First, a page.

Workplace Covid-19 infections up after phase two reopening

With expanded testing to include patients aged 13 years and older who have acute respiratory infections, the number of Covid-19 cases will go up, said Mr Lawrence Wong
With expanded testing to include patients aged 13 years and older who have acute respiratory infections, the number of Covid-19 cases will go up, said Mr Lawrence WongST PHOTO: GIN TAY

More people are getting infected with the coronavirus at workplaces since the phase two reopening on June 19.

Workplace infections have risen from 22 per cent before phase two to 36 per cent now.

Prior to that, 71 per cent of linked community cases had been infected at home. This has dropped to 41 per cent between June 19 and July 5.

At a multi-ministry task force press conference yesterday, National Development Minister Lawrence Wong said of workplace transmissions: "That's one area where all of us can do our part to reduce transmission further."

He urged people who can work from home to continue to do so and for employers to allow this "to further reduce transmission".

He said: "Anecdotally, I hear some people saying that their bosses are now asking them to go back to work. Well, that should not be the case.

"Employers should still have their staff work from home. They should only come back to the office to work if there's a clear and demonstrable need to do so because employees need to use some specialised equipment or machinery at work…"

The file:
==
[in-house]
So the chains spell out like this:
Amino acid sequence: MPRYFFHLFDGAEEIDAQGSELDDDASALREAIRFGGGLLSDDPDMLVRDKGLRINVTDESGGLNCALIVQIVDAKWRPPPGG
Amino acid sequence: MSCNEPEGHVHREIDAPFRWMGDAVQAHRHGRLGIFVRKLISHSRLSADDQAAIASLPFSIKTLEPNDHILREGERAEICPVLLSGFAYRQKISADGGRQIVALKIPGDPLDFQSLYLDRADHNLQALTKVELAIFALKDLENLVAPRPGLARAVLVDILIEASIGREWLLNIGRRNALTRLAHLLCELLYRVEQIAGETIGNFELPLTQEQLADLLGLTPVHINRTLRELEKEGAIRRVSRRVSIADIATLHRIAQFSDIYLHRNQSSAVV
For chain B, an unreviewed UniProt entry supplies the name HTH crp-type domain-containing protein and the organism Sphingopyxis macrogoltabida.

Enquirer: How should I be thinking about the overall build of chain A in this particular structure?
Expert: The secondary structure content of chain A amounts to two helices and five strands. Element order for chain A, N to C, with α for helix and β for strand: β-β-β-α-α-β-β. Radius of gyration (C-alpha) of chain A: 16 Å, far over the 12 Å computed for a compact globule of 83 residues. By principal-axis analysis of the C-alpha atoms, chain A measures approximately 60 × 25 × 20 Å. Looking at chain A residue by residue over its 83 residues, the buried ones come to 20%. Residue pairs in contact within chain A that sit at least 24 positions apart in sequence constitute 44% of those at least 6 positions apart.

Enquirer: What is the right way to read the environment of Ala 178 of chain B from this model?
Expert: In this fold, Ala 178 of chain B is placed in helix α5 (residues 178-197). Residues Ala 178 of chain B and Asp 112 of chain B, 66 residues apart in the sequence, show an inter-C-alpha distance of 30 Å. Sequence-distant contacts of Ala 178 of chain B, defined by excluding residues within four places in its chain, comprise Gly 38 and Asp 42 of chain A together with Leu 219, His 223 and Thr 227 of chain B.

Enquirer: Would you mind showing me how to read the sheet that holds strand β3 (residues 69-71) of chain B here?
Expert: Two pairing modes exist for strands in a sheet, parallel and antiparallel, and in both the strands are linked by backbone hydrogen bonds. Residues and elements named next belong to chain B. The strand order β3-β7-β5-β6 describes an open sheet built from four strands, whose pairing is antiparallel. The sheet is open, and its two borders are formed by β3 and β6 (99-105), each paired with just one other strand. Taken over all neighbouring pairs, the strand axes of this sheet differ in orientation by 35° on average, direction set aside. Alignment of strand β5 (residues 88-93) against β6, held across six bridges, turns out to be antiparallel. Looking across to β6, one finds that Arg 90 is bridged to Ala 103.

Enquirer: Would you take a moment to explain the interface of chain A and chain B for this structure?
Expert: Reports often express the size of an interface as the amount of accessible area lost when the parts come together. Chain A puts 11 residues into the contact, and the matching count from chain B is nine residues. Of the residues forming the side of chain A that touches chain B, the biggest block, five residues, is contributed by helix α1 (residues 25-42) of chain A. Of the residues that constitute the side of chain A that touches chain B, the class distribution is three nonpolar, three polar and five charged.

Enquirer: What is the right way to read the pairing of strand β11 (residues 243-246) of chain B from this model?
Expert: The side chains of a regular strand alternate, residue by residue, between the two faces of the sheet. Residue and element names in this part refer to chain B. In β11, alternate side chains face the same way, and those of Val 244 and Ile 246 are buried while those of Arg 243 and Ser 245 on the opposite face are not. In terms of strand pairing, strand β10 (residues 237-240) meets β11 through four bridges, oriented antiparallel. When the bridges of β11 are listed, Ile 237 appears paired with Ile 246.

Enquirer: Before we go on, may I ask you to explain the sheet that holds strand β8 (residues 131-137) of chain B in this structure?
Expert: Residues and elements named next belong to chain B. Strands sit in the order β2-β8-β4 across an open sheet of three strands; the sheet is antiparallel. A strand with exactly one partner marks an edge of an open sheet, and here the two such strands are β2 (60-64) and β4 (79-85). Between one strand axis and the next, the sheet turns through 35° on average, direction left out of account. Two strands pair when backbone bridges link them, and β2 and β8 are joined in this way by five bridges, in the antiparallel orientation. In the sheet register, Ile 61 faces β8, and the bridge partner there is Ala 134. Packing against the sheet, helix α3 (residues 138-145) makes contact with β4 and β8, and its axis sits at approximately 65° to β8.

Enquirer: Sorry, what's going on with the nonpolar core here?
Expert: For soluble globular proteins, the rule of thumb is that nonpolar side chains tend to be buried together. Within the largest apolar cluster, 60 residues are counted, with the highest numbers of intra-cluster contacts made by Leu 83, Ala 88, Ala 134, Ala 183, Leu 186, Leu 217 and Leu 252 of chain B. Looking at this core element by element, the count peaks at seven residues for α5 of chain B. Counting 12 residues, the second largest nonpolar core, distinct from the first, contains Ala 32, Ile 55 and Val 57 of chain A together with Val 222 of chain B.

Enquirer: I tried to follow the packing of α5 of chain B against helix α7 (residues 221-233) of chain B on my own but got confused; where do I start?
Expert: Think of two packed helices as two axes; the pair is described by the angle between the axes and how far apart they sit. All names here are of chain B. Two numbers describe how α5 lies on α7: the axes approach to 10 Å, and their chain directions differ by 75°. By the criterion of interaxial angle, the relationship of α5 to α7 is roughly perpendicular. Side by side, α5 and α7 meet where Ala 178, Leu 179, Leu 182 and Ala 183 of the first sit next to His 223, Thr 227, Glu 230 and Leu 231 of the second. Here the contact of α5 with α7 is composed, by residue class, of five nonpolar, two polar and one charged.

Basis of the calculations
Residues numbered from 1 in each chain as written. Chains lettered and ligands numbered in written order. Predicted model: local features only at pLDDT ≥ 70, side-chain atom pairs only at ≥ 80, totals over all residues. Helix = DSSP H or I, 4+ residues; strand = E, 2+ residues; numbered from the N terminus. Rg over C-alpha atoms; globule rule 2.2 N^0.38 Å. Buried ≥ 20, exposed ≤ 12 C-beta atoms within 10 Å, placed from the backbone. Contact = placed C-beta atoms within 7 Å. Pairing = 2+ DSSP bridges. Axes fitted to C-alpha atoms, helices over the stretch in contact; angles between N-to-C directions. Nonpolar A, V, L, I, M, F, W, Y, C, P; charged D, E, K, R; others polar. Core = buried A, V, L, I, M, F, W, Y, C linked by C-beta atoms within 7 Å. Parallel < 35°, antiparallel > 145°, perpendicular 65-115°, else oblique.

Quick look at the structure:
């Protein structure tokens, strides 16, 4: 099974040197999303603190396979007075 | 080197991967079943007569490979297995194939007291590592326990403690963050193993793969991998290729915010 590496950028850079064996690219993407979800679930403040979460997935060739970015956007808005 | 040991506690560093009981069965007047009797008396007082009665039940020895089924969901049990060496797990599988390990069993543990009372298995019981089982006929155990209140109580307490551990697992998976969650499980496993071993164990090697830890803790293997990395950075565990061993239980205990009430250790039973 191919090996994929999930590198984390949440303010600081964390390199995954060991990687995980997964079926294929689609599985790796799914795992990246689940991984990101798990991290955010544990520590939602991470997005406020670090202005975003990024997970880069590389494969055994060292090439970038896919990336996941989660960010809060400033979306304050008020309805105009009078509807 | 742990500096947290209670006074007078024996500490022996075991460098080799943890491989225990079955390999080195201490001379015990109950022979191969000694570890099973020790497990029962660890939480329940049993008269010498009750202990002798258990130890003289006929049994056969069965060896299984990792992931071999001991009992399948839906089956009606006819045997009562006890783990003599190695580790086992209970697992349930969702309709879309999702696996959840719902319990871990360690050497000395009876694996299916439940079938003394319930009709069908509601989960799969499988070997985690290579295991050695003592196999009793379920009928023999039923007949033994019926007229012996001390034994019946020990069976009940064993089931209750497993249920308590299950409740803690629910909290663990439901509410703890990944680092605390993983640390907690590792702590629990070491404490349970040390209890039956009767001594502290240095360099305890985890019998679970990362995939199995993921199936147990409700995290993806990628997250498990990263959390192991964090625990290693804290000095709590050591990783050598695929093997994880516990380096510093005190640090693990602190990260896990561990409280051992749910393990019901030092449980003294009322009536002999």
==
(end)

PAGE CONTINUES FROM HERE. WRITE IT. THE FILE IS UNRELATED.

It is a precaution all employers should take, so that if there is one infected person at the workplace, it will not cause a large cluster, he said.

While the company may have social distancing measures at the office, Mr Wong said infection could spread among fellow workers through social interaction.

This could be in the pantry or office canteen where people are more likely to let their guard down, and employees need to be very conscious of this.

He warned: "Should a cluster form in the workplace, we may very well have to ask the employer to shut down their business operations temporarily, and then require every employee to be tested.

 
 

"This will impact the business. So it's better for the business operator to take this seriously and put in place all the necessary precautions and measures."

The authorities are also keeping an eye on transmissions due to social interactions, which have doubled from 1 per cent to 2 per cent.

"We still put in place a lot of restrictions, they are helping.

"Many of us certainly would like to see these restrictions being relaxed over time, but if we want to do that, all of us have to be responsible and vigilant," Mr Wong said.

Although the number of community cases has gone up, many of the people were already isolated as they were close contacts of a case.

Hence, there was no risk of them passing the virus to others, said Mr Wong.

Most of the new community unlinked cases were detected through routine testing, with almost three in five having no symptoms.

Half of them were in the construction sector where workers are tested regularly.

 
 

Those who had no symptoms were also tested for antibodies which would likely indicate an old, and not current, infection.

Almost half of the unlinked cases were positive for antibodies.

Health Minister Gan Kim Yong said that the group that is cause for concern are people with symptoms and are unlinked to other cases.

They reflect cases with unknown sources of infection, he said. "If this number goes up significantly, it may signal an increase in underlying community transmission."

With expanded testing to include patients as young as 13 who have acute respiratory infections, the number of Covid-19 cases will go up, he said, but it does not mean an increase in transmissions.

He said that it is "still early days yet and we should watch carefully whether there is an uptrend and, if that is so, whether the uptrend is sustained".

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A version of this article appeared in the print edition of The Straits Times on July 08, 2020, with the headline 'Workplace Covid-19 infections up after phase two reopening'. Subscribe